I remember when we were house hunting in Vermont being amazed at the piles of boots in people\’s mud rooms and closets: tall boots, short boots, rubber boots and leather boots, as well as clogs of all descriptions. In my pre-Vermont days, I never saw the need for more than a couple of pairs of boots—one black, one brown, high-heeled of course, to go with whatever outfit I was wearing. And a third pair for hiking. As for clogs, I thought they were something you wore for folk dancing.
Now that we have been in Vermont almost five years, our house, garage, and barn are littered with various kinds of specialized foot gear. Let me take you on a tour, starting with the barn. In the milking room there is a pair of blue rubber clogs that I slip on every day when I go into the goat or chicken rooms. Their raison d\’etre is to keep me from tracking hay and manure back into the house. Next to them there is a pair of tall rubber boots, the kind you see real farmers wearing. I keep them there in case I have to venture into the goat yard in mud season. Before putting them on, I always shake them upside down to get rid of any critters that may be hibernating there.
In the garage there is an old pair of Crocs—the kind without any holes—that I use to walk the dogs and to garden in when the ground is wet but not overly muddy or slushy. There is also an old pair of running shoes that I wear exclusively to my herding lessons with Wolfie. The soles are so encrusted with sheep manure that I\’ll never be able to use those shoes for anything else.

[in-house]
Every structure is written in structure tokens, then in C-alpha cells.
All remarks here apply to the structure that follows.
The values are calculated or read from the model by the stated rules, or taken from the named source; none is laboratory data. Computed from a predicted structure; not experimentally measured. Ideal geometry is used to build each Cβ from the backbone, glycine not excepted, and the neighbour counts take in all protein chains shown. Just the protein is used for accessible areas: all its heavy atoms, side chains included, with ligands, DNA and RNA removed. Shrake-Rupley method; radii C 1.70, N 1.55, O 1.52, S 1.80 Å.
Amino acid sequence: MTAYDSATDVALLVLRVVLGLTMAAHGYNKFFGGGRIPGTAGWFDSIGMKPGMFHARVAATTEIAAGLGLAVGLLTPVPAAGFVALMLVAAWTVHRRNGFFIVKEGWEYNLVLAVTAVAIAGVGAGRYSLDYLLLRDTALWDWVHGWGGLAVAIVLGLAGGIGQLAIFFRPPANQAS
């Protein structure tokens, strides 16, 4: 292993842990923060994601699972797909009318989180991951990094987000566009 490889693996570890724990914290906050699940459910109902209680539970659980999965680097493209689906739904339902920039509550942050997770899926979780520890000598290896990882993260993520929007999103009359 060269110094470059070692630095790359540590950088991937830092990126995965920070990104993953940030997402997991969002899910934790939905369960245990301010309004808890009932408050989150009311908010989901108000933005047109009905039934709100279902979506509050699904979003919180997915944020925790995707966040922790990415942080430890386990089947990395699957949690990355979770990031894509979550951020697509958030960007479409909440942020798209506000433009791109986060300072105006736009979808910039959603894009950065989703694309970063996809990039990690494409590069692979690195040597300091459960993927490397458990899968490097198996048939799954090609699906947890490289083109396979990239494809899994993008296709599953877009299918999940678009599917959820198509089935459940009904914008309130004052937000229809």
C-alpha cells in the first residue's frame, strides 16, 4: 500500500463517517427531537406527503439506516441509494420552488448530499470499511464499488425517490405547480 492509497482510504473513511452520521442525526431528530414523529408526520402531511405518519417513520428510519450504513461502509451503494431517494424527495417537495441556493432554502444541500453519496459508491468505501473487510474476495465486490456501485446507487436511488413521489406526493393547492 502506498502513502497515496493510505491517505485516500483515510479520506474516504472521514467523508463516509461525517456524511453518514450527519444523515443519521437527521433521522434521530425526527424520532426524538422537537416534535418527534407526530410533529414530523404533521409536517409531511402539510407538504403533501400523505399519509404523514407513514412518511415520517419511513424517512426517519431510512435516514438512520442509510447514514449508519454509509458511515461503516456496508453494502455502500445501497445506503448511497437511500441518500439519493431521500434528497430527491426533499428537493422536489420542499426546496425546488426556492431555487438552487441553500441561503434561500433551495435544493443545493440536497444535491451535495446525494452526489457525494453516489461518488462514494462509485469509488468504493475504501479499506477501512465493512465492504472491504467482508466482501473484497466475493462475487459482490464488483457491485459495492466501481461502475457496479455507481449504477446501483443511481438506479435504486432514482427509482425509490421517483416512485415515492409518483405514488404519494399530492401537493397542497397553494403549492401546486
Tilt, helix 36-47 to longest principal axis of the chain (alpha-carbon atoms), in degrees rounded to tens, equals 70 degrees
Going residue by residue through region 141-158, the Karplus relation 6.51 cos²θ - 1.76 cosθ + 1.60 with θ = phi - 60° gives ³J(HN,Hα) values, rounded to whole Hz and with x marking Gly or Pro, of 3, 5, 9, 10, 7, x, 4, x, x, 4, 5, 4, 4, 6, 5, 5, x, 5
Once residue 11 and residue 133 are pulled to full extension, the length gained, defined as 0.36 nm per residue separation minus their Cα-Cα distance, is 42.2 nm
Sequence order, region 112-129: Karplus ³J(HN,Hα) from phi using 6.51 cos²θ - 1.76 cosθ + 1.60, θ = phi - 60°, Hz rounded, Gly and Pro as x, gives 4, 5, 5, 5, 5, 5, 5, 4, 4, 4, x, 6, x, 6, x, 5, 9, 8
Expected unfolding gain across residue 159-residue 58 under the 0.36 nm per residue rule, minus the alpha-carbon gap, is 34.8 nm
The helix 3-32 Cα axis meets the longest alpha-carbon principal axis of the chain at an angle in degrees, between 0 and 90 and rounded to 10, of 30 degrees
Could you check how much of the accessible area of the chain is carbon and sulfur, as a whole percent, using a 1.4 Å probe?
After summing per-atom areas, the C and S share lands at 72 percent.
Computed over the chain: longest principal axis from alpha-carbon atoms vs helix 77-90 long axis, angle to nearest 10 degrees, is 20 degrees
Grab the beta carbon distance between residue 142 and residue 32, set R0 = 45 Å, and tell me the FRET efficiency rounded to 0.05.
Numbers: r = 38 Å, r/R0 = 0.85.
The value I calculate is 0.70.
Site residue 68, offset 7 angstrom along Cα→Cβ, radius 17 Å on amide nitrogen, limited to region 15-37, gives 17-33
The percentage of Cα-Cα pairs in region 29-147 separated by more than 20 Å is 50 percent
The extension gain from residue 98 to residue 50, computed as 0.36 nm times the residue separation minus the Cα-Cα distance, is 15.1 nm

Come into the house. Just inside the back door, in winter, you will find a plastic tray with my serious cold weather boots defrosting on it. They are a pain to put on and take off, but I could trek to the North Pole in them and my feet would stay warm. I have snapped some gizmos onto the soles to keep me upright on the ice. On the floor of the entrance closet (the one by the front door that nobody ever uses) live my hiking boots.
Proceed up the stairs and look in the bedroom closet. Here is another pair of Crocs, this one with holes, that I wear indoors and, if the weather is clement, outdoors as well. Note the assortment of suede clogs which I reserve for fairly dressy (at least by Vermont standards) occasions. A couple of pairs of high-heeled shoes, forlorn reminders of days gone by, gather dust on the shelf.
On the floor there are more boots. These are my “dress” boots, one pair black, one pair brown, though with substantial rather than sexy heels because you never know what kind of terrain you\’ll have to cross on your way to the party. Plus two pairs of regular walking-around boots.
Did I mention the snow shoes hanging in the garage?
I would say that, at least from the standpoint of footwear, I am on my way to becoming a real Vermonter. But I am lacking in one respect: around here, when people come to your house, not only do they come to the back door, but they immediately take off their shoes…to reveal some of the most exotic, imaginative, baroque socks I have ever seen. When I take off my boots, alas, nothing dramatic or humorous greets the eye. My chaussettes don\’t advertise my love for the German Shepherd breed or express my political convictions—they are a boring, solid, flatlander beige or black. I need to do something about that before the cold weather sets in.